I really would be surprised if there was still anything coating the inside of the beer lines, because I cleaned and sanitized the crap out of those beer lines and faucets like I do with all new equipments, including a long soak. That’s a real head-scratcher.
If you haven’t already, I would contact Kegland and see what they have to suggest.
How’s the flow? Is the beer coming out at a decent flow? Do you have enough beer line to try a shorter one?
The flow is very good, in fact faster than on my former pic nic taps. Kegland’s manual stated that we should keep the beer line between 1.5 and 2 meters for a 4mm ID, so I don’t really want to shorten it. I am guessing I have to adapt to the new set-up and learn to work with it (I was used to the pressure needed in my former set up), but at the same time it seems excessive to gas more than 15 psi in the keg, considering the serving pressure is supposed to stay around 10-12.
Thanks. I am waiting for an answer from them
Can you tell us more about the beer? Is this a recipe you’ve brewed before and gotten good head from?
If you drink the beer that pours with no head, is the mouthfeel still bubbly and carbonated?
If you reattach your picnic tap, does it pour like you would want?
I’m trying to think of other indicators of what the problem could be…
Thanks for the thoughts. I have brewed this recipe once before and had great head. It is an IPA, so head should not be a problem normally (plus I have never had a beer without a good head anyway). Carbonation seems ok, though maybe not quite as high as usually. I added a little “extra” pressure (almost 20 psi) a bit ago and will leave it for 48h to see if it is just a matter of needing a little more pressure with these new beer lines. If it is still a problem then, I will try with my old pic-nic taps: that’s a great suggestion, but I don’t want to do it now because the pressure in the keg may be a little high for these cheap plastic faucets. The pic-nic tap should tell me if the problem is my new lines or undercarbonation.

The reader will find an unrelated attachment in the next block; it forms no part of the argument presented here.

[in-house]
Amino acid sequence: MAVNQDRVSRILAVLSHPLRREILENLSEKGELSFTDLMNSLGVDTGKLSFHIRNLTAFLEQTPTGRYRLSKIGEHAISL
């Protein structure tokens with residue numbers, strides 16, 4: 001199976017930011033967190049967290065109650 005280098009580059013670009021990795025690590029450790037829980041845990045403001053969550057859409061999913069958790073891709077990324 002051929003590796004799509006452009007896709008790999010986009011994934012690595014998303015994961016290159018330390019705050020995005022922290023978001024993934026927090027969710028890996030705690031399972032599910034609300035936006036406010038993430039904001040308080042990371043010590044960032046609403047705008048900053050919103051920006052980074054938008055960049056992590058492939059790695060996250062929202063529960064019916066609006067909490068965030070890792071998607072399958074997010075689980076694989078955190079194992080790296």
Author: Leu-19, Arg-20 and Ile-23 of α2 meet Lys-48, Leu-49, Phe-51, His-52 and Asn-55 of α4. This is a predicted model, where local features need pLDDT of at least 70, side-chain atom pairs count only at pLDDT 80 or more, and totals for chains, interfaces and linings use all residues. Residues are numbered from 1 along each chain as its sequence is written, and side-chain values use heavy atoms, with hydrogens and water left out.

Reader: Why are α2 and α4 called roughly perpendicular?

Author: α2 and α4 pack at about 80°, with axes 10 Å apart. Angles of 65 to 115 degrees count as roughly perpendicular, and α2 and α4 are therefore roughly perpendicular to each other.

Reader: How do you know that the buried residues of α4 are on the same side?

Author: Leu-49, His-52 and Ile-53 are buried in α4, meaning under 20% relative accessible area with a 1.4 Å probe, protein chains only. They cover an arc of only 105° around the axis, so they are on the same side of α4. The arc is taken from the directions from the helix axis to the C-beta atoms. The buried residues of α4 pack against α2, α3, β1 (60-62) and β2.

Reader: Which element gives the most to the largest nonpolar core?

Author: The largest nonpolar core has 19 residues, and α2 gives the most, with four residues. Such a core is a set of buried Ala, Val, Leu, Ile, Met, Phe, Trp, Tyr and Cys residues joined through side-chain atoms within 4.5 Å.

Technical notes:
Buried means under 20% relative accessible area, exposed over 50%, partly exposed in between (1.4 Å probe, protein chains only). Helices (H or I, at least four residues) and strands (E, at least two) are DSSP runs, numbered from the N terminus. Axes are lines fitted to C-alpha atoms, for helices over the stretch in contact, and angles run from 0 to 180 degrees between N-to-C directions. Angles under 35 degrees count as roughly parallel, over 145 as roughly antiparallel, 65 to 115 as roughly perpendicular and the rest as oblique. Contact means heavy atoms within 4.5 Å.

This leads me to think it still needs time to finish carbonating. It takes time for the CO2 to get into solution. Check this out Sparkle & Fizz: Carbonation Methods | Brülosophy for some different time/pressure combinations.
It could be that previously with your picnic taps the beers were pouring foamy because that’s just what picnic taps do, especially with short lines. Now with your fancy set-up, everything is flowing much more smoothly through the lines and out the tap, so you’re not getting the turbulence in the lines that produces extra foam. When you get the new system dialed in, it should pour mostly non-foamy, then you can pour down the center of the glass toward the end of the pour to increase foam, but still have nice carbonation in the beer.
That makes a whole lot of sense. I like your thinking. So I will give it a little extra time and try again. Thanks a bunch!
You were right. It just needed a little more time to get a nice head. It is much better today and should be perfect tomorrow. Thanks a lot for the advice!
You should always follow our great president’s advices for he is wise and almighty.
Amen! Have mercy on us, O wise one!